remaining force in Vietnam by i
military action in Vietnam, in C
or Laos. I repeat what I said No
Dec. 15: if I conclude that increase
action jeopardizes our remainingf
Vietnam, I shall not hesitate to tak
and effective measures to deal w
The Daily News Page 1 headli
''Nixn on Viet: We'll Pull Out 15
Year," and The Times said: "Nixo
Out 150,000 From Vietnam in a Y
Average Withdrawals of 12,000a
Would Continue."
Let us not damn the headline
or those who wrote the dispatch
deadline fire. How does one say
type that Nixon has announced
will withdraw 150,000 more men
specified intervals in the next 12
if the enemy does nothing to dis
timetable, in which case he willi
undisclosed forms or reprisals?E
is what he really said, and it is
cheerful news than the headlines
For it unmistakably raised anew t
unanswered quesiton in the Nixo
gagment program: will we re-esca
widen the war if Hanoi is deen
THERE IS AN EVEN crueler mi
tion-or deception-in this pacific
headline. The reader whose son o
is being trained here or about to b
must have been swept by an em

d by our relief when the 150.000 figrue was unfolded,
military In fact there is no promise of immunity.
The unheralded truth, confirmed by in-
of North quiry at the Pentagon yesterday. is that
ng these under the most optimistic application of
e taking the Nixon formula, 23.000 men will con-
use the tinue to be sent to Vietnam each month
y of our while 35,000 are rotated homeward upon
ncreased completion of one-year "tours." That is
ambodia how the figure of an average 12,000
v. 3 and monthly withdrawal is reached. A perverse
'd enemy soul might even suggest that Nixon . hould
forces in have included this explanation in his dis-
ke strong sertation on disengagement. Perhaps those
cith that most intimately involved do not have to
be told. But a realization that 276,000 here-
ne read: tofore unscarred by the war will be sent
50,000 in into the Vietnam wasteland in the coming
n to Pull year to insure the overall reduction of
Year . . . 150,000 might have cast a shadow over the
a Month headline joy.
e-writers. ONE COULD FURTHER cloud the air
es under by asserting that full accoits of the Pres-
in large ident's speech should have included refer-
that he ences to the informed claims of Averell
at un- Hariman and others that Hanoi has re-
months peatedly signaled a readiness to accent a
rupt the coalition solution in Saigon. Nixon has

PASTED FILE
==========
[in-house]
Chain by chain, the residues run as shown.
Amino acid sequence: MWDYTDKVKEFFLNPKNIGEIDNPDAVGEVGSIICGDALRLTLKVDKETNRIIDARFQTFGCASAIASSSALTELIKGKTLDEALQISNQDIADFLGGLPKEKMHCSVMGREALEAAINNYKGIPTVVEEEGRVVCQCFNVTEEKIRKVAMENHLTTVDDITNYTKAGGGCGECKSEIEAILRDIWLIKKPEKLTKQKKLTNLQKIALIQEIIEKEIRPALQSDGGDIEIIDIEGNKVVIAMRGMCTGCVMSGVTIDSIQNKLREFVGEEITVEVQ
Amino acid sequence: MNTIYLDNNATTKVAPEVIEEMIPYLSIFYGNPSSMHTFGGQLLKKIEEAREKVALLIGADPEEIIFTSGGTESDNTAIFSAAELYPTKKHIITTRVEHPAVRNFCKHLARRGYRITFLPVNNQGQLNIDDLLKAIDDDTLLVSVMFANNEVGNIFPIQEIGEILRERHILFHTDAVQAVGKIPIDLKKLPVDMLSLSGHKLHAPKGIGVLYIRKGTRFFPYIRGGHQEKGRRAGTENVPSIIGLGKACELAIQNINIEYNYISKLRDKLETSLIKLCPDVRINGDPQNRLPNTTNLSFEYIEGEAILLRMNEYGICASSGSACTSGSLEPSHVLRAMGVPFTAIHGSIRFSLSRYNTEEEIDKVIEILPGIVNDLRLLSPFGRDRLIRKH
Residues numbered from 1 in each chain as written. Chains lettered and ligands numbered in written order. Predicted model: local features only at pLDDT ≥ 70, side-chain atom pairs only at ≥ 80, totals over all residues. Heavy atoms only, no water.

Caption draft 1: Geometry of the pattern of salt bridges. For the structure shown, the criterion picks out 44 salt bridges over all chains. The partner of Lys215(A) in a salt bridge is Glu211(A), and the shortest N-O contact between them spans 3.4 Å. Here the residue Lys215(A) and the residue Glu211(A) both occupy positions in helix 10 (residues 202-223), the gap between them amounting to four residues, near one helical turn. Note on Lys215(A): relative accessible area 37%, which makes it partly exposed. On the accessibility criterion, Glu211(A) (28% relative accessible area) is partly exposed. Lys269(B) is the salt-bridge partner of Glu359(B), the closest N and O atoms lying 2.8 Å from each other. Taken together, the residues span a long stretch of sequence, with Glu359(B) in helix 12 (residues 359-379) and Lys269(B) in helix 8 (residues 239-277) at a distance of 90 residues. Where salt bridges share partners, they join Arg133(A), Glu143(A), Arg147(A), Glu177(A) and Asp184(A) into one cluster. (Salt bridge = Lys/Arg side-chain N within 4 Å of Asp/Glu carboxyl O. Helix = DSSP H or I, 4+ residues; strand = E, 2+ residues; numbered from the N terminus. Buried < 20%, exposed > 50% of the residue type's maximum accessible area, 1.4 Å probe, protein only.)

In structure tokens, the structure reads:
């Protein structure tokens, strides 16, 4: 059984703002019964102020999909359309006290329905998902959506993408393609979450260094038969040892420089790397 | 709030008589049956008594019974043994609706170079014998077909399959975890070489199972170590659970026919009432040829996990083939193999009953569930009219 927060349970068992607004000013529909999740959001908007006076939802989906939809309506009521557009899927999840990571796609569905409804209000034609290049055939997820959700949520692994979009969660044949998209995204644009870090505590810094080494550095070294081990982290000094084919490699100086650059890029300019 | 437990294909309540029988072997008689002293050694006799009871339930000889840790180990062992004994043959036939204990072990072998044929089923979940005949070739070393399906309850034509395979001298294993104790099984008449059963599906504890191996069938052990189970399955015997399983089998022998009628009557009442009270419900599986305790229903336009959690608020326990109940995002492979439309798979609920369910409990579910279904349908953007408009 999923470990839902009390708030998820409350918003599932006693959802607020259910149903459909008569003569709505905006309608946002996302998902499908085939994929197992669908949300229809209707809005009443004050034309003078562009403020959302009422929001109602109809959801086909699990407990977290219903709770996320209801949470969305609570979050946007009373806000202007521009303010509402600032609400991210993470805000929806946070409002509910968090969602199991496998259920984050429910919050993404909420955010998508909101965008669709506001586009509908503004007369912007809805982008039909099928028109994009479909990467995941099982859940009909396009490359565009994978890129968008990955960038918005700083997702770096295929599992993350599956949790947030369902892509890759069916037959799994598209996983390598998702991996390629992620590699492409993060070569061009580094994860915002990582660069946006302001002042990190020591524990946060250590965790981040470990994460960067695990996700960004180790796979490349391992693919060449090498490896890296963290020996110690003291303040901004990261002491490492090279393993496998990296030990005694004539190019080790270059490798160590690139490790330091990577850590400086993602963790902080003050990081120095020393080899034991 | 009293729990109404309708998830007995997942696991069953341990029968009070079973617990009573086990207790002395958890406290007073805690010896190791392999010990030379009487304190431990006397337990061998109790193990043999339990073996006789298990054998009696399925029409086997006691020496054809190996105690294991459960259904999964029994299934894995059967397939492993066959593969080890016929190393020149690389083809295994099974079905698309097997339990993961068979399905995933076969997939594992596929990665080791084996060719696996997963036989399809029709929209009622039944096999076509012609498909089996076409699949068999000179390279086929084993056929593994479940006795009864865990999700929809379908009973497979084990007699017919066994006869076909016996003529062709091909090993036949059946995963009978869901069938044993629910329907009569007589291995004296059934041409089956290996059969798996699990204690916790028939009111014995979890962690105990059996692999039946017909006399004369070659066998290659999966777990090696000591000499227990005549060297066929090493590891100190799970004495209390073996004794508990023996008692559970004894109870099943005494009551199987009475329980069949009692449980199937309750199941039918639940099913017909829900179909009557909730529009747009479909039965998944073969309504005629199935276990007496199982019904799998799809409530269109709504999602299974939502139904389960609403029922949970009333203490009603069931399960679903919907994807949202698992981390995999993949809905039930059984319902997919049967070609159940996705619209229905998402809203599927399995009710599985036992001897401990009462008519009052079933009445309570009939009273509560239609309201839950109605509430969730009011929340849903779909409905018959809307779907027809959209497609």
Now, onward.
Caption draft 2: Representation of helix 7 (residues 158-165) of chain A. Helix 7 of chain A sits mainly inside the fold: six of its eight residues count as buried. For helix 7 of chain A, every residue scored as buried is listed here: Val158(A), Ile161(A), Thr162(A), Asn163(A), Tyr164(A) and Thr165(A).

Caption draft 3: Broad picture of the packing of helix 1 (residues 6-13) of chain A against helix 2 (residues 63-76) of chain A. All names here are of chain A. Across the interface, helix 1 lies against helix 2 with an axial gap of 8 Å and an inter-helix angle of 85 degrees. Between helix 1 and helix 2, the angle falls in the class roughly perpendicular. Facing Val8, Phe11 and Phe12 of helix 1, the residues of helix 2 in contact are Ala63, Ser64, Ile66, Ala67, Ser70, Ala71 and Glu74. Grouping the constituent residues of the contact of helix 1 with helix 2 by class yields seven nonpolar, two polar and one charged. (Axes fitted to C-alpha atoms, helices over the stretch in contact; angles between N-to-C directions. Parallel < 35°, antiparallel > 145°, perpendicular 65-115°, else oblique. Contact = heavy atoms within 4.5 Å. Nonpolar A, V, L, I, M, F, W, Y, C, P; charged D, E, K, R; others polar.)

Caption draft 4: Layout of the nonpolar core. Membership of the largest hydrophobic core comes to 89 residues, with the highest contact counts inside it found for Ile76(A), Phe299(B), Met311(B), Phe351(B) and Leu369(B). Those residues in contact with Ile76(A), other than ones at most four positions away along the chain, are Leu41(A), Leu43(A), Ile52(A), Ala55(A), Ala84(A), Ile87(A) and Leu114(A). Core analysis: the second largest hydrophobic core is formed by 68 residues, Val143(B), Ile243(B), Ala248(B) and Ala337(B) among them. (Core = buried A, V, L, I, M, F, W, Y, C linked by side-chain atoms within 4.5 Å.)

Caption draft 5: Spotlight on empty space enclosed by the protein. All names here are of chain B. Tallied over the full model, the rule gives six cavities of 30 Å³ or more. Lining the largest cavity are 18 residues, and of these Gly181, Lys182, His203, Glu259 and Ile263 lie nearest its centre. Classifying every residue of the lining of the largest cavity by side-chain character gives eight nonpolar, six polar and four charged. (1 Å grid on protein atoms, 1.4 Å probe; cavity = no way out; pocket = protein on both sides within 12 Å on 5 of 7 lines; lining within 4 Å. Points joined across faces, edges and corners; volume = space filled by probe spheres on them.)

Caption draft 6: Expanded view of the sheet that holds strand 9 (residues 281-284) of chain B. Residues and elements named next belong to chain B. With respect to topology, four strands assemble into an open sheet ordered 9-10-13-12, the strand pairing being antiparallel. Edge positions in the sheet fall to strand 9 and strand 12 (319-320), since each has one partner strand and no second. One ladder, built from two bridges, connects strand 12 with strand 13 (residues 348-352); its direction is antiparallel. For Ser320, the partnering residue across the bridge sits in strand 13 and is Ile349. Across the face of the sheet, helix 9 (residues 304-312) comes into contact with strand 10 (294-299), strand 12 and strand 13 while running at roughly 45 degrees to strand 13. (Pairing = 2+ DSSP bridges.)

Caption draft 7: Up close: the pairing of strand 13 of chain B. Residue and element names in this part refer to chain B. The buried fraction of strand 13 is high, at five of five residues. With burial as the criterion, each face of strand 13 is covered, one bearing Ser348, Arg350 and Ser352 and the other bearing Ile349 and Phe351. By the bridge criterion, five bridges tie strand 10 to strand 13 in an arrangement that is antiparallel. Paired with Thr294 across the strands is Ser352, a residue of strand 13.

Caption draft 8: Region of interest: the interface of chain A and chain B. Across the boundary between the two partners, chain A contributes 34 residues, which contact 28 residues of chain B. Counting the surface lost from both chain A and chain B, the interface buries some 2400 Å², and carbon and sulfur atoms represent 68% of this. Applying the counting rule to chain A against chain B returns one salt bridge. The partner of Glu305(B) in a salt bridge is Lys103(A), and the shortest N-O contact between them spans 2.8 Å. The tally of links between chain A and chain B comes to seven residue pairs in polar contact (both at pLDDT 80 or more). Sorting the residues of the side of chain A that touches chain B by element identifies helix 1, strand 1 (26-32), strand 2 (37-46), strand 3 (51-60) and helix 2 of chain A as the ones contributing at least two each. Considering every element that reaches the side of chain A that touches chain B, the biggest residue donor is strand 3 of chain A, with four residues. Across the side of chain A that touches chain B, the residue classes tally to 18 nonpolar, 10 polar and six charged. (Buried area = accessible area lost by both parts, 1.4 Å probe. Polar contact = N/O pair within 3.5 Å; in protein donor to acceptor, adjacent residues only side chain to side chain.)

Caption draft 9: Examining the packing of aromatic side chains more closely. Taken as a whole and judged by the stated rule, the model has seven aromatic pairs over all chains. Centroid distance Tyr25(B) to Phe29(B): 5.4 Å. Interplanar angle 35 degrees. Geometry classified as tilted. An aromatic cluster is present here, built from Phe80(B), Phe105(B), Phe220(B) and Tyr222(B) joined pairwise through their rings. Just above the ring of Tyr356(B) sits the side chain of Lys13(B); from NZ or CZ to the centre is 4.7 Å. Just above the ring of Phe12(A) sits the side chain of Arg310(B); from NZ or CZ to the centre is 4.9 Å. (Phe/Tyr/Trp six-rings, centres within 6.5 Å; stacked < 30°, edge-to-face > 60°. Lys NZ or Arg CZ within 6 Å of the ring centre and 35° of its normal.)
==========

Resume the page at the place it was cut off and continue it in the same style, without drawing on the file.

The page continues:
resort to chosen to construe these overtures as
But that meaning that we are being asked to "over-
far less throw" the Thieu regime. Others contend
offered. that only our presence prevents South
the great Vietnamese dissidents representing many
n disen- groups from joining to overthrow a des-
late and potic cabal.
med un- But such elaboration may obscure the
essential point: the quest for truth in
journalism is a rough exercise, and espe-
isconcep- cially so when we are dealing with so ex-
cation by pert a word-and-numbers-Juggler as Rich-
r brother ard Nixon and with a war that has made
e drafted fools and frauds of so many other men.
motion of ( New York Post
Some hope?




of North Hall:

A justification for
intervention in Cambodia

THE FOLLOWING is an excerpt from an
address made to the Senate, May 1,
by Sen Hugh Scott (R-Penn.):
I think that Americans are unhappy
when they see American soldiers fighting
with one hand tied behind their backs.It
is an attempt to prevent American sol-
diers from fighting under this type of
disability that the President has taken a
decision which is difficult and the out-
come of which is not guaranteed: but a
temporary move which it is hoped can re-
sult in removing from American forces
a disability which certainly would impede
the orderly and planned withdrawal and
de-escalation of the war.
For the past five years or more the
Communists in Vietnam have had a de-
cided advantage which has been denied
to the South Vietnamese and Americans.
They have had a safe haven from which
to launch attacks into Vietnam and into
which they could retreat quickly and eas-
ily when those attacks failed or were
turned back.
This has undoubtedly prolonged the
war in Vietnam. It has without question
cost American lives and has cost Ameri-
can wounded-personnel.
I advocated at least five years ago the
right of hot pursuit, which was subse-
quently authorized, and the right to enter
and clear out sanctuaries which was not
adopted until last night.
S4 UNTIL NOW, for a number of rea-
sons, the United States has not been
able to do anything about the Communist
No time to talk
PRESIDENT NIXON apparently is a man
who lives by the clock. Just after the
horrible incident at Kent State Univer-
sity, several students from there drove to
Washington to see the President. The
news reports following this event noted
that Nixon "met for nearly an hour" with
the school representatives.
Not a full hour, mind you. Not even 60
minutes, but barely the time of one lone
class period, one regular length TV show.
That was all the deaths of four Kent State
students was worth.
What a tragedy that the proverbial